Energy, in particular, is super opaque to people, and if you want to compare and work out your kilowatt usages on several different plans, it’s currently really hard. As customers get to see their ability to manage something that’s maybe a bit simpler, like my energy provider, that’s going to make everyone wake up and go, ‘Oh, we can actually think about this in terms of banking!’. There’s a huge competitive force in action initiation, because it’ll mean that smaller providers can interact better with larger providers without getting stonewalled like they tend to be.

Hurley (Avenue): Open Banking originally had some really big promises. We were promised that we’d become ‘dumb pipes’, where super apps would completely replace us and we’d have no customer interaction.

Back to what Greg was saying, however, there’s a lot of opportunity there in Open Banking that just hasn’t been realised yet, especially around action initiation.

Cudmore (Newcastle): In a similar vein, we’re clearly at the dawn of an explosion [in Open Banking]. Looking at the last few decades of advancement and then at what’s to come, you can see convergence at a macro level – it won’t be separate platforms, it won’t be separate customer interactions. You can see a future there, but the question is, what’s the bridge between where we are now and that future?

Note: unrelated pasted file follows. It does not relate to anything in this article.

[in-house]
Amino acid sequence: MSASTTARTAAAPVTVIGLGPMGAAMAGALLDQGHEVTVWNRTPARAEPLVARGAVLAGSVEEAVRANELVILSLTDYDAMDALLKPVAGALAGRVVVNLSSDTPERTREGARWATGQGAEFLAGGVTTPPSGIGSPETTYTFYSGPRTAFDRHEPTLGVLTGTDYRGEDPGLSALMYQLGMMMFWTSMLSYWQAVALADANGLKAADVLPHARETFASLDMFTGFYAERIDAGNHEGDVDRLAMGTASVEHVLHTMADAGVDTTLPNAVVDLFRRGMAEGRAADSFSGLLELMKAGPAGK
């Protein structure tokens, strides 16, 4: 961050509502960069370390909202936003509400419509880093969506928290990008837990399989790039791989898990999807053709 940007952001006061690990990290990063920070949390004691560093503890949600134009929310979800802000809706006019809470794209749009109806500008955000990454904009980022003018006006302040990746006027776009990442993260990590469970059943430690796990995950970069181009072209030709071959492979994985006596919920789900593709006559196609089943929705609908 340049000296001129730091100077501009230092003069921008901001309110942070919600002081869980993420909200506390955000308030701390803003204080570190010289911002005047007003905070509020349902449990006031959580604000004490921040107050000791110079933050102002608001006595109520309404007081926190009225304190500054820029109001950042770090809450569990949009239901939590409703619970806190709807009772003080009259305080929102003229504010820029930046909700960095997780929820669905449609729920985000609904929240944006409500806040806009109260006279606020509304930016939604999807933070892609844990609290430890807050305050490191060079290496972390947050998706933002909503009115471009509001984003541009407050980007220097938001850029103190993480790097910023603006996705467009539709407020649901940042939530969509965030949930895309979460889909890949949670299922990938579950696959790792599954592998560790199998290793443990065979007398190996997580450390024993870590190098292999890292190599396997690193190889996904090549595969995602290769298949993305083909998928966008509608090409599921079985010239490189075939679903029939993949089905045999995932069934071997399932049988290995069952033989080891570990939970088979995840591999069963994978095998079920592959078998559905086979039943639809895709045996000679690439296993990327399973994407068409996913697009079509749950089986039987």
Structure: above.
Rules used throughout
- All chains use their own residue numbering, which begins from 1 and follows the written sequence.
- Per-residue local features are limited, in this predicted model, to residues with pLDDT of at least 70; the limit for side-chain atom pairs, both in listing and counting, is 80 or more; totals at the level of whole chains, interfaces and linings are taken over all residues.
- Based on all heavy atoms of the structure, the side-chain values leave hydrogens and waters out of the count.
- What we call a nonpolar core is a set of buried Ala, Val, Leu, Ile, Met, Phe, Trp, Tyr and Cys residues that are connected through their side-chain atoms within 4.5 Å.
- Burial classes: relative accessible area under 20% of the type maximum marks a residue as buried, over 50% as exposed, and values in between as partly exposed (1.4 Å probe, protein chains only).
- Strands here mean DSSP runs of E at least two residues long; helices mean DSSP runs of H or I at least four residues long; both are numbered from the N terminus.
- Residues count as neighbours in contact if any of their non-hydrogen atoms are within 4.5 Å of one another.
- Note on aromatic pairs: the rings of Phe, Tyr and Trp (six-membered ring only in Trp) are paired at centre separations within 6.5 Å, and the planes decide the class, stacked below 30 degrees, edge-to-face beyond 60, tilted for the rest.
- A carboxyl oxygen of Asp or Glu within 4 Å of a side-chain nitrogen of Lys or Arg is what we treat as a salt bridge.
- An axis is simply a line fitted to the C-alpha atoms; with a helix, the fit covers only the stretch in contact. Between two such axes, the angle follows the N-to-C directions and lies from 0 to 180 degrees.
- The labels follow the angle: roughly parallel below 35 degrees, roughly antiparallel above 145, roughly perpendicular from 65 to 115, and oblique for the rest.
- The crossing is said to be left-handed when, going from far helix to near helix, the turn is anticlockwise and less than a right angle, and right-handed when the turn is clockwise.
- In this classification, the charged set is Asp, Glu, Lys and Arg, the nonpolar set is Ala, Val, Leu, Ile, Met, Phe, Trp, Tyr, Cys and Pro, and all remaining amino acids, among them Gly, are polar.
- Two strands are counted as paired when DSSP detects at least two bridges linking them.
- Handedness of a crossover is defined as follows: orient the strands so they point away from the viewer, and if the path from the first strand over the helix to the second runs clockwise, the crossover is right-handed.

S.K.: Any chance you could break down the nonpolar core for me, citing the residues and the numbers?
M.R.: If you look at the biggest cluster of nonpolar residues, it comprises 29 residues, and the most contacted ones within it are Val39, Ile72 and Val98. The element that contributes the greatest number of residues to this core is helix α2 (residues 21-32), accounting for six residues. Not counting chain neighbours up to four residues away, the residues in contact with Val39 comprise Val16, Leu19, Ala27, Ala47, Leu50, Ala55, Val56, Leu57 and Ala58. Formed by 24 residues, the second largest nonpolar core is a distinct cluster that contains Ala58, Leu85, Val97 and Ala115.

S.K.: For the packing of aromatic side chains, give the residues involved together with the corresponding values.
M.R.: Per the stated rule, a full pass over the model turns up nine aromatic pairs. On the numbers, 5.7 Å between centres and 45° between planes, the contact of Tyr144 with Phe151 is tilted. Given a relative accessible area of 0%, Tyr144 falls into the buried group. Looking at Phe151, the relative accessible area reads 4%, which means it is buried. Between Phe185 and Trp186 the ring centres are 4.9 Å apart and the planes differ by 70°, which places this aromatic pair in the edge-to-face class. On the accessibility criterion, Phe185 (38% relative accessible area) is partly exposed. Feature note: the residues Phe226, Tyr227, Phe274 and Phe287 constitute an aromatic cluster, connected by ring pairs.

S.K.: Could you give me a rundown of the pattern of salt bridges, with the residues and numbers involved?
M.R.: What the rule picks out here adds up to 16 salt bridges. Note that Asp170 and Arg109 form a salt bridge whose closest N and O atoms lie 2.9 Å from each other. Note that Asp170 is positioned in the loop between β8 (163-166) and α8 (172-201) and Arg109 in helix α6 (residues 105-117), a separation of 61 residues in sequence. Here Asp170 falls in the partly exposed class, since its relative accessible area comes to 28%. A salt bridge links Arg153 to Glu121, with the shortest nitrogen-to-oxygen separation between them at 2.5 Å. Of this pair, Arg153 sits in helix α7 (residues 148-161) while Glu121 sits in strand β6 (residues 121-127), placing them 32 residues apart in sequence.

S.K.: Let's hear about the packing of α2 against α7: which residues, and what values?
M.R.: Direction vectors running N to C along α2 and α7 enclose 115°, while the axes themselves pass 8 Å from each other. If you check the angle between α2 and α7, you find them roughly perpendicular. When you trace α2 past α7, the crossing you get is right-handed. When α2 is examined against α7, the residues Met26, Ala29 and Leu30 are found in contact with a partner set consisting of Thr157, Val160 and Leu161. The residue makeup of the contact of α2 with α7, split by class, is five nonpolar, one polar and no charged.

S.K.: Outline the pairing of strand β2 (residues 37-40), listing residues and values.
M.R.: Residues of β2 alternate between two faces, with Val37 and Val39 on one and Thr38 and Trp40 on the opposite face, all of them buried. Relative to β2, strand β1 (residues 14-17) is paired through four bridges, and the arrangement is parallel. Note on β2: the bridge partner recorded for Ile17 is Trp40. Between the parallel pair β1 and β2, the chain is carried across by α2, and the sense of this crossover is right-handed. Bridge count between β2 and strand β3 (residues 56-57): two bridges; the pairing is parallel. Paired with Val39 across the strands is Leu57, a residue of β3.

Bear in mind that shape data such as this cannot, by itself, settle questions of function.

And to Greg’s point around particular use cases, saying to a customer, ‘Would you like your bank to show all your data?’ Pretty much everyone would say, ‘No thanks!’ But finding the right slice and the right entry point into it is the key that will unlock much broader adoption moving forward.